The emergence of social media discourse among Ghanainan University Students: implications for the acquisition or academic literacy

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dc.contributor.advisor Klu, E. K.
dc.contributor.advisor Adika, G. S. K.
dc.contributor.advisor Mulaudzi, L. M. P.
dc.contributor.author Anku, Joyce Senya Ama
dc.date.accessioned 2017-06-15T09:55:44Z
dc.date.available 2017-06-15T09:55:44Z
dc.date.issued 2017-05-18
dc.identifier.uri http://hdl.handle.net/11602/714
dc.description PhD (English)
dc.description Department of English
dc.description.abstract Language, in general, has always been evolving and dynamic; the same can be said of the English language. Spontaneously, but not unexpected though, since the beginning of this 21st century which saw the introduction of the internet, there have been noteworthy manifestations in the structure and use of varied forms of the English language on social media. This study aimed at exploring, describing and explaining the linguistic features associated with the new communicative order – social media – and their communicative functions, vis-à-vis their impact on Ghanaian university students’ acquisition of academic literacy. To do this, the study adopted a qualitative method and an ethnographic approach in understanding the netnographic realities on social media. In addition, the sociocultural theory and the theory of error analysis served as the philosophical underpinnings which guided the research. Participants of the study (largely undergraduate students) were drawn from two universities in Ghana – the University of Ghana, and Valley View University. The total sample size was one hundred and eighty eight (188). It was found that frequent and prolonged use of social media discourse does impact negatively on the academic literacy of students. The findings also indicate that social media use overtime becomes addictive and this directly results in limited time span and low attention span of students. Again, the study found that over engagement on social media discourse leads to a general breakdown in both sentence and discourse structure of academic writing resulting into uncontrolled deviant spellings, omission and misuse of punctuation marks and capitalisation, as well as a high level of colloquialism. Despite these negative influences, it was found that there are some positive potentials of social media that can be harnessed to support academic literacy. The study, thus, recommends that the affordances of social media communication should be retooled to support the teaching and learning of academic literacy. en_US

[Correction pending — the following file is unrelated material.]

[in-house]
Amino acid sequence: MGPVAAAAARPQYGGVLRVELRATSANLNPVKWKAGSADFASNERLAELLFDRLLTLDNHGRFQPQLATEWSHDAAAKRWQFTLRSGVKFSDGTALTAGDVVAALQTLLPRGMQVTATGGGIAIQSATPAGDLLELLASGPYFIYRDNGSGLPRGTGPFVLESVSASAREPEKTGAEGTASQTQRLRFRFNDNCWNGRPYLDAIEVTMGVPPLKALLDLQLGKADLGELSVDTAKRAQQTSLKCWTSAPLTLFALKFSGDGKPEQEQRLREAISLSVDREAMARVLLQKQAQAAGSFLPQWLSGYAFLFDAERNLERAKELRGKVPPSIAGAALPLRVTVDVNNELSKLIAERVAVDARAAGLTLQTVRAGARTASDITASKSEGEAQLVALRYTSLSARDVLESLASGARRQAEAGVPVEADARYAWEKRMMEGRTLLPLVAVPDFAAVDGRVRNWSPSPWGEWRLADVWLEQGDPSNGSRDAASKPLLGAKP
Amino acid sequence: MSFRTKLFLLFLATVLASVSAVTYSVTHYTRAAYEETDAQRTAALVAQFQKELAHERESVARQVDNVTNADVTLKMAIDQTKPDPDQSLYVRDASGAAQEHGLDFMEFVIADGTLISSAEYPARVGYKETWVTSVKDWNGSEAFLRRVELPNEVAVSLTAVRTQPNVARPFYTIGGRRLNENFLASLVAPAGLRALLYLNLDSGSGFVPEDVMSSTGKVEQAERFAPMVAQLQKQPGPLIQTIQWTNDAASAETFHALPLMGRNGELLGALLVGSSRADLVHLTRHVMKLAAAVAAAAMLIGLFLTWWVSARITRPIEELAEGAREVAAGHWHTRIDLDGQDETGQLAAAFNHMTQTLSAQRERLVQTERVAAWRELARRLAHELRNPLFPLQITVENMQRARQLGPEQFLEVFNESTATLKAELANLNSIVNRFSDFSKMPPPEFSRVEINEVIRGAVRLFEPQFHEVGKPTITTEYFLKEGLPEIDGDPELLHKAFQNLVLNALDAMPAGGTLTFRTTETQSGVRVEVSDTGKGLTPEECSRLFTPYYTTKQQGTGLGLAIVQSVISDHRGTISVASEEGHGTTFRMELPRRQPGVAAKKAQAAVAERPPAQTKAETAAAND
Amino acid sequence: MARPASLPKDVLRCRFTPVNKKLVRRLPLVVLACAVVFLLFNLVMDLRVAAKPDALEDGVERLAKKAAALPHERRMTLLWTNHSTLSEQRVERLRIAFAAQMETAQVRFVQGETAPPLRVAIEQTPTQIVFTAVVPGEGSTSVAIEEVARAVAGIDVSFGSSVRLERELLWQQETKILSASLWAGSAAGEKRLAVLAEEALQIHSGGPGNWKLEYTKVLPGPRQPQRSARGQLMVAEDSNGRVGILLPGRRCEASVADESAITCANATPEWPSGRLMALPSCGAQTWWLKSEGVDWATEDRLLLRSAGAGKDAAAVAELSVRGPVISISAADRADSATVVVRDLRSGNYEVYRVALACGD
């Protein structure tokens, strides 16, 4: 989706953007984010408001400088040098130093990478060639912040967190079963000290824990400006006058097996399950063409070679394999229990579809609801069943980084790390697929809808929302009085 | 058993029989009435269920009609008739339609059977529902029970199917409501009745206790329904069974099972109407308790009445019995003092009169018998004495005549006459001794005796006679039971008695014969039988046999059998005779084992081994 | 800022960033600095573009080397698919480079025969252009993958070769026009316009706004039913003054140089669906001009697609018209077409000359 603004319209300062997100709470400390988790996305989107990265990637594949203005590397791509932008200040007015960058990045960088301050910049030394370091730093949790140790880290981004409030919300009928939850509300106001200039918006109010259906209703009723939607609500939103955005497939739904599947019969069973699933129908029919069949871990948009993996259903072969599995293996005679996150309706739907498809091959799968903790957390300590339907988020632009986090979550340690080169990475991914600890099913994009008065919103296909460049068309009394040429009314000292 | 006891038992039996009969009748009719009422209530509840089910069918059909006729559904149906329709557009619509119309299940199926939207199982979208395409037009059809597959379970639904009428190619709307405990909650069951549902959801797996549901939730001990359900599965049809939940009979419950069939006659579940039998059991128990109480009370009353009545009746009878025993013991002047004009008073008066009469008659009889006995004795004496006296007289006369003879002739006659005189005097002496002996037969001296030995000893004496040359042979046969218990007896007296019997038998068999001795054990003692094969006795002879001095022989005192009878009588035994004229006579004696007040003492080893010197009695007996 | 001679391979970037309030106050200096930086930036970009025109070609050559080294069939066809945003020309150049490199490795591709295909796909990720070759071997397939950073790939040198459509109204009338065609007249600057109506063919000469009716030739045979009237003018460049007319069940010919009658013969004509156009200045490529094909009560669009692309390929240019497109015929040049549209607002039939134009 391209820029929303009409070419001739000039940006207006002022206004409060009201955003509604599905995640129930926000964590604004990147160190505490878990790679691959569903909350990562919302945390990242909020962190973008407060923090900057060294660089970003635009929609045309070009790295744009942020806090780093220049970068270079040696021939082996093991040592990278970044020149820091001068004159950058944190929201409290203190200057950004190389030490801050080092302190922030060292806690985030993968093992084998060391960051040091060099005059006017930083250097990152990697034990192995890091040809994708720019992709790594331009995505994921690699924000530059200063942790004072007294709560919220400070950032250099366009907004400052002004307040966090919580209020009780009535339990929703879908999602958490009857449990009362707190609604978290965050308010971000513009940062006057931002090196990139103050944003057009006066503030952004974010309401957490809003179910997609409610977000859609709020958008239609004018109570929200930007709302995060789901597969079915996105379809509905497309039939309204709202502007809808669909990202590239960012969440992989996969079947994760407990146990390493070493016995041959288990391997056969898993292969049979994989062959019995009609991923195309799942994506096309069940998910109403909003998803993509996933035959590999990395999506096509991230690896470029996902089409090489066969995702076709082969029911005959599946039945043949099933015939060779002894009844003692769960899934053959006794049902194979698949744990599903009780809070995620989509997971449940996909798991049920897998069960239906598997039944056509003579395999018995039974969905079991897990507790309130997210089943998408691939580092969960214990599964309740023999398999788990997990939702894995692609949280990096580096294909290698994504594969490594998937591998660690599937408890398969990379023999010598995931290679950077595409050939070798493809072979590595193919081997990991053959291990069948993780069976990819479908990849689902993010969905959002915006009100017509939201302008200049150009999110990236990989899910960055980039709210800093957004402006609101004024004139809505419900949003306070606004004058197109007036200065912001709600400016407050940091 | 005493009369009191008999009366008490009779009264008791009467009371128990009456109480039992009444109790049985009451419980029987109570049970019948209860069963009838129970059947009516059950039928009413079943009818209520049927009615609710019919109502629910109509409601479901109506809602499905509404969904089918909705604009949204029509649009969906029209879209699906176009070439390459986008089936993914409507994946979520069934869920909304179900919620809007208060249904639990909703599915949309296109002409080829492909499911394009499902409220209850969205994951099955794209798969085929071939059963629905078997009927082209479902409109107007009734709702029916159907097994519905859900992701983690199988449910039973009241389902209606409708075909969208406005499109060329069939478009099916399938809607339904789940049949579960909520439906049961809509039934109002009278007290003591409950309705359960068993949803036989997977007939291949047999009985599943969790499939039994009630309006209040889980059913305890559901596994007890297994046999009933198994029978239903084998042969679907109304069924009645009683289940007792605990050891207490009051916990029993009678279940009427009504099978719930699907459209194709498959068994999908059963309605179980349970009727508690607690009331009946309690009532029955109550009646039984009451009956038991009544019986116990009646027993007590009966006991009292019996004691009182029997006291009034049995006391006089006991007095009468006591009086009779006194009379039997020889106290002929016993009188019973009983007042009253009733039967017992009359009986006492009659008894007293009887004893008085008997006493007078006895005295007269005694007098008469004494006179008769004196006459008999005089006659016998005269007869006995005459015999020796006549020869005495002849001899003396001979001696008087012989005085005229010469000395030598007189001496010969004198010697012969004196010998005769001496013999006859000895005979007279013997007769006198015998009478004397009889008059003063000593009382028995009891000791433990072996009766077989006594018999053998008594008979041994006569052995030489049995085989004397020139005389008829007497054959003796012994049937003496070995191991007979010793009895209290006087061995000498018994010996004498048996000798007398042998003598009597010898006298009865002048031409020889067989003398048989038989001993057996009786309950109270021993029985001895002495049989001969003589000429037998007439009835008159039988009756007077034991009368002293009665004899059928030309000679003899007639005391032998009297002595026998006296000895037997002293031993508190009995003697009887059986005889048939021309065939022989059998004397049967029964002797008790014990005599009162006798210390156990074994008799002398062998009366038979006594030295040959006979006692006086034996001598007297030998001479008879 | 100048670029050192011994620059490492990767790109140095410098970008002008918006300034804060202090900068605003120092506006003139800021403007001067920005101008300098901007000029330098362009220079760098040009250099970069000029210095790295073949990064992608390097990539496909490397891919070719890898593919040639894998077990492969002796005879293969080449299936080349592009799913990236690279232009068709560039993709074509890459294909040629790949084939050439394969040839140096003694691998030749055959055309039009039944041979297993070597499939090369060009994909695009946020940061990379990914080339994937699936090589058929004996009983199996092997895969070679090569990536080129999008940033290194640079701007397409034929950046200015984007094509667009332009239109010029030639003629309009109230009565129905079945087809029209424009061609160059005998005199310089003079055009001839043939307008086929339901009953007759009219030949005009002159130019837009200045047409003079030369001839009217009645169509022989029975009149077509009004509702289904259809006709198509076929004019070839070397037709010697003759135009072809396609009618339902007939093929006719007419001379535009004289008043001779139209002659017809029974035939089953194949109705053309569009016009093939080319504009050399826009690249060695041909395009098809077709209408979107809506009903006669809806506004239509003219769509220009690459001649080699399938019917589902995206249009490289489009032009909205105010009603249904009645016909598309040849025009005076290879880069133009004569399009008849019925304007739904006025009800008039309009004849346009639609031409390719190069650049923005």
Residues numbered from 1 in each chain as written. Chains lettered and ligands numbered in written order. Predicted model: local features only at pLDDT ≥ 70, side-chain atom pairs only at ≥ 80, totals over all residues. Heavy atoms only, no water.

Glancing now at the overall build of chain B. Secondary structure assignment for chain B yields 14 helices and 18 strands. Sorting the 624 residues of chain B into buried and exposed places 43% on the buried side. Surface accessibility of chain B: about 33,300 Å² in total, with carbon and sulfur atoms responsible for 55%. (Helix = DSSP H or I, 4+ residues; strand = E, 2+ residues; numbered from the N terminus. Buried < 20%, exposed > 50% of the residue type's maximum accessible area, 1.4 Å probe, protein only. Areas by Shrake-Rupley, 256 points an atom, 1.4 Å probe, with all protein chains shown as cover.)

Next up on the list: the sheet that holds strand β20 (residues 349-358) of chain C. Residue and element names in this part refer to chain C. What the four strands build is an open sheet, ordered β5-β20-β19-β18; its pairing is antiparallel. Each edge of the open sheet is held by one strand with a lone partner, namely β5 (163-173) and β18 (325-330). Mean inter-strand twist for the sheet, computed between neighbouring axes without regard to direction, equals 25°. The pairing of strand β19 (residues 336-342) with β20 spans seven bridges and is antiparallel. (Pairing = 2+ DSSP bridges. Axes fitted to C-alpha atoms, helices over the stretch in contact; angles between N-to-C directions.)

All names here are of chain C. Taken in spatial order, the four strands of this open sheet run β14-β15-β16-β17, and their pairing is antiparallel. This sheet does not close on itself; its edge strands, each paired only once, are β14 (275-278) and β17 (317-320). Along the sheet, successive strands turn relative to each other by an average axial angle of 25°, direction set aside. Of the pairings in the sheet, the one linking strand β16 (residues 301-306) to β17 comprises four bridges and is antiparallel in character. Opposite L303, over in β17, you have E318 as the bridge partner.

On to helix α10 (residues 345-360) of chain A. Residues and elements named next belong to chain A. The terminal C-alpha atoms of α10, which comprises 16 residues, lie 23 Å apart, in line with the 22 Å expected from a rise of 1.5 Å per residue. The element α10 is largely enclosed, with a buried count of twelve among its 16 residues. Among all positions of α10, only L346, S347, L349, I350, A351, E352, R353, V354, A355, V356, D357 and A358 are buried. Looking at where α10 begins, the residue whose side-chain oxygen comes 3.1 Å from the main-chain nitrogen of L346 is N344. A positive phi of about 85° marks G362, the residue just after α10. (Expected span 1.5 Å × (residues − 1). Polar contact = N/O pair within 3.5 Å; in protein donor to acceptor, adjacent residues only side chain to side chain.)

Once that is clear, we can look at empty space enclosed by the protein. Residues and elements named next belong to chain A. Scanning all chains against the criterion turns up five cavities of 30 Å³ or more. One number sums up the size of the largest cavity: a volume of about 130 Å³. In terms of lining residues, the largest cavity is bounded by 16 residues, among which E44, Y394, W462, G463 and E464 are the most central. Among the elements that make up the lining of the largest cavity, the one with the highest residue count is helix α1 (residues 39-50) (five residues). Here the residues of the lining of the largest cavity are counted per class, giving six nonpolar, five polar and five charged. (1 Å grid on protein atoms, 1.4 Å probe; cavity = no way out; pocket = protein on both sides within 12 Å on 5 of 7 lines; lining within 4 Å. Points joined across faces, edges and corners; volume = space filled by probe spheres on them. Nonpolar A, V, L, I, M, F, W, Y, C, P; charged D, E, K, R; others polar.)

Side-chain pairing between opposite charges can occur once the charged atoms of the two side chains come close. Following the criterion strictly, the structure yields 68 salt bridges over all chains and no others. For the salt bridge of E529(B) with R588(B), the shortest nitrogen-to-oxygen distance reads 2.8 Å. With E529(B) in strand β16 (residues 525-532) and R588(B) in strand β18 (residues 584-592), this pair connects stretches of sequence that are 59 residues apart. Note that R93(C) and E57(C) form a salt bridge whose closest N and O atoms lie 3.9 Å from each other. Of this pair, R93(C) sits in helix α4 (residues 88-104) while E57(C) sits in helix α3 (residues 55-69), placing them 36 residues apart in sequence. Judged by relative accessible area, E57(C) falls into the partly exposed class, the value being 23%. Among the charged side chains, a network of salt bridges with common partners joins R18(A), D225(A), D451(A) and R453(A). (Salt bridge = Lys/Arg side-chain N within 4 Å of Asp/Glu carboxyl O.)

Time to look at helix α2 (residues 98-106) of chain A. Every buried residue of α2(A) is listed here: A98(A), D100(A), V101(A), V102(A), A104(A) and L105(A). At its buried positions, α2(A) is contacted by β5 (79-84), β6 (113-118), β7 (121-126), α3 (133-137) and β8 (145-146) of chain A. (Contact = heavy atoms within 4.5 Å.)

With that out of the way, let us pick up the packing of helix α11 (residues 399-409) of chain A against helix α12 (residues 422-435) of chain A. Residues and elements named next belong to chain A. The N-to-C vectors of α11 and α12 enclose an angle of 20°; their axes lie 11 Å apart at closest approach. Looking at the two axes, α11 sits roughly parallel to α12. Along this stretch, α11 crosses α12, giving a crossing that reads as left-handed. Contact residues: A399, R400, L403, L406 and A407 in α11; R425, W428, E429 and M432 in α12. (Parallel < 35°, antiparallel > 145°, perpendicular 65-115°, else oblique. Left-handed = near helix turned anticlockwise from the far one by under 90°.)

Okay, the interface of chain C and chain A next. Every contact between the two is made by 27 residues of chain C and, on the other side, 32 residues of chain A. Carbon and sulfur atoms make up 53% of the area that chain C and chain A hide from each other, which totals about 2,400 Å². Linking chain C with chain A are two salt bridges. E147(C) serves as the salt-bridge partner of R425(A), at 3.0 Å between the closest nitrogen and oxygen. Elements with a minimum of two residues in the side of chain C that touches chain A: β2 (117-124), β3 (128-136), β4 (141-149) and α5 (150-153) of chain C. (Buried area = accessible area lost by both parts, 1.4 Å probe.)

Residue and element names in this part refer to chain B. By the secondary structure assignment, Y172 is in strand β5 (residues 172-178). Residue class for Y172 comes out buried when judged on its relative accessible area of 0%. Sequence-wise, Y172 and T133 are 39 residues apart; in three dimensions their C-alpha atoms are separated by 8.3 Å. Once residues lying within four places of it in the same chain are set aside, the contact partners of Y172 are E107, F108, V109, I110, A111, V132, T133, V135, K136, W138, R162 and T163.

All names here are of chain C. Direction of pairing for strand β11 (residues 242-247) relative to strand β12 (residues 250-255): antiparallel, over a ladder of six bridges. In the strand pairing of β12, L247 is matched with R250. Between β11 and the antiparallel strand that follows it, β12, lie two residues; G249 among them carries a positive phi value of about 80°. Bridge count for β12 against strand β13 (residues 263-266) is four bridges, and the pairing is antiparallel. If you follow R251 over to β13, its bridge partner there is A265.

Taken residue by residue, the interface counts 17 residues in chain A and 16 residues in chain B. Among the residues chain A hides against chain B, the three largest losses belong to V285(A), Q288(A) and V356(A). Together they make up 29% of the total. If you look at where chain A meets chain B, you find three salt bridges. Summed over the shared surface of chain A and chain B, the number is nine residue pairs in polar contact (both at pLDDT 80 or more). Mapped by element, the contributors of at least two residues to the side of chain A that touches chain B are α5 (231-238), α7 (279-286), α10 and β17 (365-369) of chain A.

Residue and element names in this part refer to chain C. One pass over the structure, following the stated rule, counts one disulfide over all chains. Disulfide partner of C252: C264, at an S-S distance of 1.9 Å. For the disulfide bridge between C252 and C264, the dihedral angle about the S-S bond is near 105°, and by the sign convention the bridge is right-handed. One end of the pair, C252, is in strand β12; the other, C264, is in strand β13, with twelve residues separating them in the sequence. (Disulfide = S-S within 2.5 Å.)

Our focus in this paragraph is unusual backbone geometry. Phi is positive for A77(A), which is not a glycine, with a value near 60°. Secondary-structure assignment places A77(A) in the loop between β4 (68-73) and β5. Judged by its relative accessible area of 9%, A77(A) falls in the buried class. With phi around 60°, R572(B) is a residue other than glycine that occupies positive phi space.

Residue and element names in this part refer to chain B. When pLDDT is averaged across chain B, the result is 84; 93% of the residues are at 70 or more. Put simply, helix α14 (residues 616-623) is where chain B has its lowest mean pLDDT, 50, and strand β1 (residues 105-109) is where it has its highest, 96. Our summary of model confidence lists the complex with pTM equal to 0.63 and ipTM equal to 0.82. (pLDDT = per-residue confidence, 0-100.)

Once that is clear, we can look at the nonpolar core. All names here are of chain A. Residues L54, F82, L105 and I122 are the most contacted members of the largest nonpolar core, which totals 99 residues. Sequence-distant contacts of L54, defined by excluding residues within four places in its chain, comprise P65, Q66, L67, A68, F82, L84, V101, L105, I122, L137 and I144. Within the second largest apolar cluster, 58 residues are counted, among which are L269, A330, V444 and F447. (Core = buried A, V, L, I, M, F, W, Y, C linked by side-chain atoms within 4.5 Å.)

dc.format.extent 1 online resource (xiv, 235 leaves : color illustrations)
dc.language.iso en en_US
dc.rights University of Venda
dc.subject Toddler en_US
dc.subject Netizens en_US
dc.subject Social Media en_US
dc.subject Media and Discourse en_US
dc.subject Academic Literacy en_US
dc.subject University Students en_US
dc.subject Social Media and English en_US
dc.subject.ddc 302.230711667
dc.subject.lcsh Social networks -- Ghana
dc.subject.lcsh Information literacy -- Ghana
dc.subject.lcsh Media literacy -- Ghana
dc.title The emergence of social media discourse among Ghanainan University Students: implications for the acquisition or academic literacy en_US
dc.type Thesis en_US

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